Registrability of A Device Mark Containing the Map of India

If your trademark, device mark or logo mark consists of your country’s national map, then can you register it without the examiner objecting to such depiction? The answer is – Yes. A recent judgement delivered by the Delhi High Court sets the precedent for trade mark applicants wanting to register their device mark but are stuck in a dilemma about its registrability because their mark may contain the national map of India. This blog provides a complete breakdown of this judgement, and explains why, prospective applicants need not worry about this particular objection and how they can overcome such an order from the Registrar if they find themselves in such a situation.

Facts of the case

  • The Appellant, Jindal Industries Private Limited, filed this appeal challenging an order passed by the Senior Examiner of Trade Marks on 19th March, 2019 and also the Statement of Grounds of Decision issued by the Senior Examiner of Trade Marks on 14th July, 2020.
  • The proposed mark was abandoned for registration by the Senior Examiner of Trade Marks, in 2016, for lack of prosecution as no one from the Appellant’s side appeared at the time of hearing. Thereafter, the Appellant filed a review against aforementioned order, pursuant to which the Registrar of the Trademarks ordered the refusal of the mark’s registration, raising objection under Section 9 (2) (d) of the Trade Marks Act, 1999 (“TM Act”), in an order passed on 19th March, 2019.
  • The Appellant thereafter asked for Statement of Grounds of Decision, to which the registrar re-emphasized its objections, on the grounds of a trade marks prohibited use under the Emblem and Name (Prevention of Improper Use) Act, 1950, in an order passed on 14th July, 2020.
  • The present case is an appeal challenging the decisions delivered on 19th March, 2019 and 14th July, 2020.

Section 9 (2) (d) of the Trade Marks Act, 1999 and the Emblem and Names (Prevention of Improper Use) Act, 1950

Jindal markSection 9 of the TM Act provides for absolute grounds for refusal of registration of a Trade Mark applied for registration. The registrar in the Trade Marks office can raise objections in an application on grounds provided under both Section 9 and 11 of the TM Act, during its examination. Clause ‘d’ of sub-section ‘2’ under Section 9 states that a trade mark shall not get registered if its use is prohibited under the Emblems and Names (Prevention of Improper Use) Act, 1950. The Emblems and Names Act, defines “emblem” as any emblem, seal, flag, insignia, coat-of-arms or pictorial representation and “name” as any name which includes any abbreviation of a name. Further, the Emblem and Names Act prohibits the registration of a trade mark which bears any emblem or name. However, the use of an outline of the national map falls beyond the scope of “emblem” as defined under the Emblems and Names Act. Therefore, the registrar’s objection against the use of the outline of the national map, in this case, was absolutely unfounded.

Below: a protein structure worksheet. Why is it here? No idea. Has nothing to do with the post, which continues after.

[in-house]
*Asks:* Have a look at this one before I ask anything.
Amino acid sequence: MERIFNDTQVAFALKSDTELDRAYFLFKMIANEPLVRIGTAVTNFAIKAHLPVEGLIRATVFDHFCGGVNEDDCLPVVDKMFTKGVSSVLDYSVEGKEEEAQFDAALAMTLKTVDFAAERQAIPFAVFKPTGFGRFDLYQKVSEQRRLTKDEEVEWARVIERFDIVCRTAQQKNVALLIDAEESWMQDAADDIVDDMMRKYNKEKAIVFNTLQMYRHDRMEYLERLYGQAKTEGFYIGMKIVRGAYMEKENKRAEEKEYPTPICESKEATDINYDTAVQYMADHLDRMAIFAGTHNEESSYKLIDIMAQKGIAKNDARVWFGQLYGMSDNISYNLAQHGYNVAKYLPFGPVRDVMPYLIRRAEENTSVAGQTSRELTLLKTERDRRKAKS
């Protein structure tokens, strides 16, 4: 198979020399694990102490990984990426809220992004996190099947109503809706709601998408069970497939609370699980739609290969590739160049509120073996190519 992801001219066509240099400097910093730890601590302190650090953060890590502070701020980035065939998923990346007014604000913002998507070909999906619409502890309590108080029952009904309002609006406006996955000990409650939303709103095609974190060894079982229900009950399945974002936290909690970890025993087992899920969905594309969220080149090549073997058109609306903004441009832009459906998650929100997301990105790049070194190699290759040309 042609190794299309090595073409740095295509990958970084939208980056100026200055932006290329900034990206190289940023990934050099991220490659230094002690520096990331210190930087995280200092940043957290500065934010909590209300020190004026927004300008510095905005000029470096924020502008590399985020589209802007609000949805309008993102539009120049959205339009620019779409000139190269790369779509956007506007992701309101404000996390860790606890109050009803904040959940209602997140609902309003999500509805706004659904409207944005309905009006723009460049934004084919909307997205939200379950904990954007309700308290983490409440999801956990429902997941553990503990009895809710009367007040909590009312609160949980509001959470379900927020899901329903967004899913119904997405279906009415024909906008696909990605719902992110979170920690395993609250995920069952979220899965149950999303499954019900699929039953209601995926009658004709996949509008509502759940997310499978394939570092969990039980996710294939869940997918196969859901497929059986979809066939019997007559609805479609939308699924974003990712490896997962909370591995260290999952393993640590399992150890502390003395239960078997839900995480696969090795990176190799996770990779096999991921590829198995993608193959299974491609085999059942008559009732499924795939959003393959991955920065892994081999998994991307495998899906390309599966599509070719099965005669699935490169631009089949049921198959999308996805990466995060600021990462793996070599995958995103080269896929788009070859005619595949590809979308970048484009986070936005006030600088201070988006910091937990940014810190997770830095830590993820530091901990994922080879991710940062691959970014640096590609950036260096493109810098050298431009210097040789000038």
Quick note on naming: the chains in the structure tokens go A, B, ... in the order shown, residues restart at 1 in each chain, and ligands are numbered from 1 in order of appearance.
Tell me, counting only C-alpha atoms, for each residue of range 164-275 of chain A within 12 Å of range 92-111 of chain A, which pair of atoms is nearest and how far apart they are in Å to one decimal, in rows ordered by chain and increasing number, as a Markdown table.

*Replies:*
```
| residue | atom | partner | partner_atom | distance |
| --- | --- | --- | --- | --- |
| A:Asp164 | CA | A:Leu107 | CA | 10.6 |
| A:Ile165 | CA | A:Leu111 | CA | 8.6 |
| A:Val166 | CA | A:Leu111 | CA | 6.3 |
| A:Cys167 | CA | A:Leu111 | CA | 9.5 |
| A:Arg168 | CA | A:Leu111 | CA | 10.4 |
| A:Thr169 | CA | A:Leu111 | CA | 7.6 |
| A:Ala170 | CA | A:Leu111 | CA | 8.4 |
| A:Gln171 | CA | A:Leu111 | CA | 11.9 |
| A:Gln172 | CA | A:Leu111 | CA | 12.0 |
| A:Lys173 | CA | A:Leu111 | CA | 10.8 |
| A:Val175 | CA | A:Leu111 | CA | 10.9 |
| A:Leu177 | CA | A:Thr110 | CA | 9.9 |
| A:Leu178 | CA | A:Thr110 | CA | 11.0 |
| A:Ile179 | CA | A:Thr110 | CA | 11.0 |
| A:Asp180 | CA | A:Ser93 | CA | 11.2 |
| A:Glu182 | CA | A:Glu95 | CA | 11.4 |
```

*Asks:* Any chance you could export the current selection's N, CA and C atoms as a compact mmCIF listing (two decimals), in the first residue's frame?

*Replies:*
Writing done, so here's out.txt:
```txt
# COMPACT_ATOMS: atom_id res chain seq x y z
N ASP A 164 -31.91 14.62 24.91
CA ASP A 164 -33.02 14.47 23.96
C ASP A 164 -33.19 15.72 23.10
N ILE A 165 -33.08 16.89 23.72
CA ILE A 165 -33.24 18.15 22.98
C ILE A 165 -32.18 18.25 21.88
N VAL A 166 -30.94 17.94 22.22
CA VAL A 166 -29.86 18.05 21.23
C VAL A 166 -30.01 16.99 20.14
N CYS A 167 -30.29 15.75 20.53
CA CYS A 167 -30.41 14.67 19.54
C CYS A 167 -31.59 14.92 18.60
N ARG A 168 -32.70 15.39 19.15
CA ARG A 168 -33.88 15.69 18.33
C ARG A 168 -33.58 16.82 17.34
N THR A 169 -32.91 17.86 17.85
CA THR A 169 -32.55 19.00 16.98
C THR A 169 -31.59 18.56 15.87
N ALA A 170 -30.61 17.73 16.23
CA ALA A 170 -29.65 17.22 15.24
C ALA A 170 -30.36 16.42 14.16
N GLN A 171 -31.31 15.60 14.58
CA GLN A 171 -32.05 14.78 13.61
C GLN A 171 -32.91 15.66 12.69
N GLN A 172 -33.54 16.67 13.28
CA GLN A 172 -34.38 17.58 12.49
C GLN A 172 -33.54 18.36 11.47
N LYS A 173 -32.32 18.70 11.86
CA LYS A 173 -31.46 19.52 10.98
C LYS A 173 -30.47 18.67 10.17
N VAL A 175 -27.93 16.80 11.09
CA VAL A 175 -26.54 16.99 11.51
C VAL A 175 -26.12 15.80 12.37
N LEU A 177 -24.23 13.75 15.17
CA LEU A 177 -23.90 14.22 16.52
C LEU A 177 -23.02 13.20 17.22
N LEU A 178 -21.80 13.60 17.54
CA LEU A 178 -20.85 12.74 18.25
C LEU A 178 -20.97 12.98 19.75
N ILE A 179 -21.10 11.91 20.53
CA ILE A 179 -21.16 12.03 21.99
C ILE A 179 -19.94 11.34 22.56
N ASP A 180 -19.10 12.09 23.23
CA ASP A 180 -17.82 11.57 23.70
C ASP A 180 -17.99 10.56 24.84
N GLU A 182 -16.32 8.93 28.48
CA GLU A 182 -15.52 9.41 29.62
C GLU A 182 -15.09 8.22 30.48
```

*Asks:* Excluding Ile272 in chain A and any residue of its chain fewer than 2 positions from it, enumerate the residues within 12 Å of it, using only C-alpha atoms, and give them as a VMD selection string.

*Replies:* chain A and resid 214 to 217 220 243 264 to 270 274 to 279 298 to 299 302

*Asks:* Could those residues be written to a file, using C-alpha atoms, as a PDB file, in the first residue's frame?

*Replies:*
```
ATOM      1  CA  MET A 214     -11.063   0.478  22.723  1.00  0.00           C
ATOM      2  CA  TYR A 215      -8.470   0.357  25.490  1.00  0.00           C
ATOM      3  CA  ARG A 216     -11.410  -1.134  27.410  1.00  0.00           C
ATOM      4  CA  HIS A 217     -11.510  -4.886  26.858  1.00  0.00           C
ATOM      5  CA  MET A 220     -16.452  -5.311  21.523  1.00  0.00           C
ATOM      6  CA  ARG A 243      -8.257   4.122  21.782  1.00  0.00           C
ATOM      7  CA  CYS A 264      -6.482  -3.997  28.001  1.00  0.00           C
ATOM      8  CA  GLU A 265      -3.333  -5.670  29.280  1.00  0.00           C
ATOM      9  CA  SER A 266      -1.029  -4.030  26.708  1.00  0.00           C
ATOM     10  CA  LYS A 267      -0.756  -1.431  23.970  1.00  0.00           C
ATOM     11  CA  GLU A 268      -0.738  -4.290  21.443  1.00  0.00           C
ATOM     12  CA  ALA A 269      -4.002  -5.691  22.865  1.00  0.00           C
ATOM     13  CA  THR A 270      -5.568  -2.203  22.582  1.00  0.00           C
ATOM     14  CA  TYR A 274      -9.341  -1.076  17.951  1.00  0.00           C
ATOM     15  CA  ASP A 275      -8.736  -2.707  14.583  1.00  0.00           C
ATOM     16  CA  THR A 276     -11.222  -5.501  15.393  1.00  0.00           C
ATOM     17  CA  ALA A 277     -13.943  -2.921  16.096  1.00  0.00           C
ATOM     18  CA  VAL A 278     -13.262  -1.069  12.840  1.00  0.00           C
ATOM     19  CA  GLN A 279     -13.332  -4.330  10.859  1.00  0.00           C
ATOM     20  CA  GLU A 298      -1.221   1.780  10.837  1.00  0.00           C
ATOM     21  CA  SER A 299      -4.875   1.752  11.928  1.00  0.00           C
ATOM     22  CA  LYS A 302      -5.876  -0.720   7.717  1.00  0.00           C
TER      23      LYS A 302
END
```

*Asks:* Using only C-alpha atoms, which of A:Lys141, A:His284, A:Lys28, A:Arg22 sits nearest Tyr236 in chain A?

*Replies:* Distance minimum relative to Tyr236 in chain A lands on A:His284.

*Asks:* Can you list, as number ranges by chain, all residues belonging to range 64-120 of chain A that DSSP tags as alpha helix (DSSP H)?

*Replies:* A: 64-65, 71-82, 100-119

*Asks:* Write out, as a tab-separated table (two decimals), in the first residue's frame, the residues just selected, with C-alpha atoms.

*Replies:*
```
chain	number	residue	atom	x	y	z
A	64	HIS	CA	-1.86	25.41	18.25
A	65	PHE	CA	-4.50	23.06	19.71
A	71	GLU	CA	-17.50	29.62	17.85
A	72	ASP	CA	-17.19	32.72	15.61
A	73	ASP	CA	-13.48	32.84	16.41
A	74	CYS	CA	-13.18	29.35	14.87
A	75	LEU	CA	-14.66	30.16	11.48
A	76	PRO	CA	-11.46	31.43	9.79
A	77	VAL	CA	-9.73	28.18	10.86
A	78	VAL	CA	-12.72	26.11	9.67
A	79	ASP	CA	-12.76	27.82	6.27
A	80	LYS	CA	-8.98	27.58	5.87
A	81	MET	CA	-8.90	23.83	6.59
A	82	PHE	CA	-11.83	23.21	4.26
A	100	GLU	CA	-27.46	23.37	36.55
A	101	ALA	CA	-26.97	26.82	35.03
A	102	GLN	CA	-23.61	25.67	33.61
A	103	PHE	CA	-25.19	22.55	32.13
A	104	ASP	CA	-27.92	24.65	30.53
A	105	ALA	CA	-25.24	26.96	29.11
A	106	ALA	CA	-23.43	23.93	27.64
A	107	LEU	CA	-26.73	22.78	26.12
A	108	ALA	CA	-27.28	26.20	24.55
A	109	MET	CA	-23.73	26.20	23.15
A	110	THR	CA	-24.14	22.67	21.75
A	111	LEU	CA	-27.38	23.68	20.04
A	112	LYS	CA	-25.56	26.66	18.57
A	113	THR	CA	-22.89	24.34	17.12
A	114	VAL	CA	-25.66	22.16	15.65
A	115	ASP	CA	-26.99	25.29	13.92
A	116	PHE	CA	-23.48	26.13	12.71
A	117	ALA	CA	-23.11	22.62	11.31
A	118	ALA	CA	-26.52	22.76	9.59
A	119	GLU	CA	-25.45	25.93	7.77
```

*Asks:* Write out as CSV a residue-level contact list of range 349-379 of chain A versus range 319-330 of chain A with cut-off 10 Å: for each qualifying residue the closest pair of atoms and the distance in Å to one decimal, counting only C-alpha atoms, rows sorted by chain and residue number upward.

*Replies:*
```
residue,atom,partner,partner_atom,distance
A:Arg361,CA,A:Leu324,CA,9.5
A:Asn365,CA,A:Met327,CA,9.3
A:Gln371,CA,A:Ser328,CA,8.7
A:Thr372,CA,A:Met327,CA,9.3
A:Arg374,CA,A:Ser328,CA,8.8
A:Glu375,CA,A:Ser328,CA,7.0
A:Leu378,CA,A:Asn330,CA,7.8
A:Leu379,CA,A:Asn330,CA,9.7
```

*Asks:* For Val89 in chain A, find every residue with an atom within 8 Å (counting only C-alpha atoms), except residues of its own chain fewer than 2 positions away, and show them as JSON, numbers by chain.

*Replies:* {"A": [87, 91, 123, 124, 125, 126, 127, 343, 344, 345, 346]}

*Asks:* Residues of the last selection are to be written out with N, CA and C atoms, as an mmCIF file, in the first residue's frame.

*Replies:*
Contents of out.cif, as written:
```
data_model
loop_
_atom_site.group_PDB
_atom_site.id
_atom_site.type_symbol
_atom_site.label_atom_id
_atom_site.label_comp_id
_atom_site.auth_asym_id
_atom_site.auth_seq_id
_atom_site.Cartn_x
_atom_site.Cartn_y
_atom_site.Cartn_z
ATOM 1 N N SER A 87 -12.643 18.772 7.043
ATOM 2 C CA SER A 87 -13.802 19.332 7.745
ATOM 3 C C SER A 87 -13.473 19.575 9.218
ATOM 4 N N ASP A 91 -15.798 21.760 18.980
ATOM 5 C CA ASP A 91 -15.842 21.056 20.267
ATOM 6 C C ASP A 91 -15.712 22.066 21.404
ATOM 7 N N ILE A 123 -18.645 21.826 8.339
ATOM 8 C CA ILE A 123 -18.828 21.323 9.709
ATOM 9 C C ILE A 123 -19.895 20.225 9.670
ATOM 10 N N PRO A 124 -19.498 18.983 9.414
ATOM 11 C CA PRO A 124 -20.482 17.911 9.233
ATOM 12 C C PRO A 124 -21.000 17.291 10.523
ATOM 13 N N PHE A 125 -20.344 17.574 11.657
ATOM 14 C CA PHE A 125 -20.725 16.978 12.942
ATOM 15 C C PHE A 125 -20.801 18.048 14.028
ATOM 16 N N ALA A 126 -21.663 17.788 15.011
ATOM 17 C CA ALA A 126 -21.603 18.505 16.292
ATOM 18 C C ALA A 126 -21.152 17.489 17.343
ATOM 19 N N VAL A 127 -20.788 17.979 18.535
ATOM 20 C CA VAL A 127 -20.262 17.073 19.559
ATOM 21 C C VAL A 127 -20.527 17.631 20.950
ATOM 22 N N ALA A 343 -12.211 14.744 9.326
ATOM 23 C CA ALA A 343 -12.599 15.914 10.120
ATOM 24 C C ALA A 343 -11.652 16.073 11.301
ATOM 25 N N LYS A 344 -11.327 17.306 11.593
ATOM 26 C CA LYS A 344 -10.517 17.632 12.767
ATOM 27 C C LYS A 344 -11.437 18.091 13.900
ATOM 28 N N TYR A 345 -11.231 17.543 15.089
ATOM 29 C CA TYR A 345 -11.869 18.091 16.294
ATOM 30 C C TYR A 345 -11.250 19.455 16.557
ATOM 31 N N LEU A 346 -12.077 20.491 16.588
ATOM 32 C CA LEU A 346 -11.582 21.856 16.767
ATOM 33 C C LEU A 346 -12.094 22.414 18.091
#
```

Judgement of the High Court

The appellant in this case had secured permission from the Survey of India for the use of the national map in its device mark. The appellant also relied on multiple trademark applications, having a similar device mark containing the map of India. The Delhi High Court after taking into account the facts at hand, held that:

  • the Emblems and Names (Prevention of Improper Use) Act, 1950, does nowhere forbid the use of the outline of the map of India;
  • the Appellant had already secured permission from the Survey of India, for use of the impugned mark ‘JINDAL’ within the outline of the map of India;
  • various other device marks, with a similar depiction of the map of India, had been granted in favor of the Appellant; and
  • the outline of the map of India signified the origins of the product, and therefore, such use was not violative of Section 9 of the TM Act, or the Emblems and Names (Prevention of Improper Use) Act, 1950.

The court, therefore, set aside the decision of the trade mark registrar and directed its office to proceed with the mark’s registration by advertising it for third-party oppositions.

The Delhi High Court’s judgement clears the air on confusion surrounding Section 9 (2) (d) of the TM Act. Likewise, The Emblems and Names (Prevention of Improper Use), nowhere forbids the use of the Indian map’s outline under its definition of ‘emblem’ and the same can be corroborated by considering various registered trademarks who depict the national map with their trade name. The registrar’s objection to the mark’s non-uniqueness would have still hold water, but raising objection on a character that is not restricted and has been adopted by various other applicants previously, was bound to be appealed and overturned by the court of law.

Author: Bedotroyi Gupta from Savitribai Phule University, in case of any queries please contact/write back to us via email chhavi@khuranaandkhurana.com or at Khurana & Khurana, Advocates and IP Attorney.

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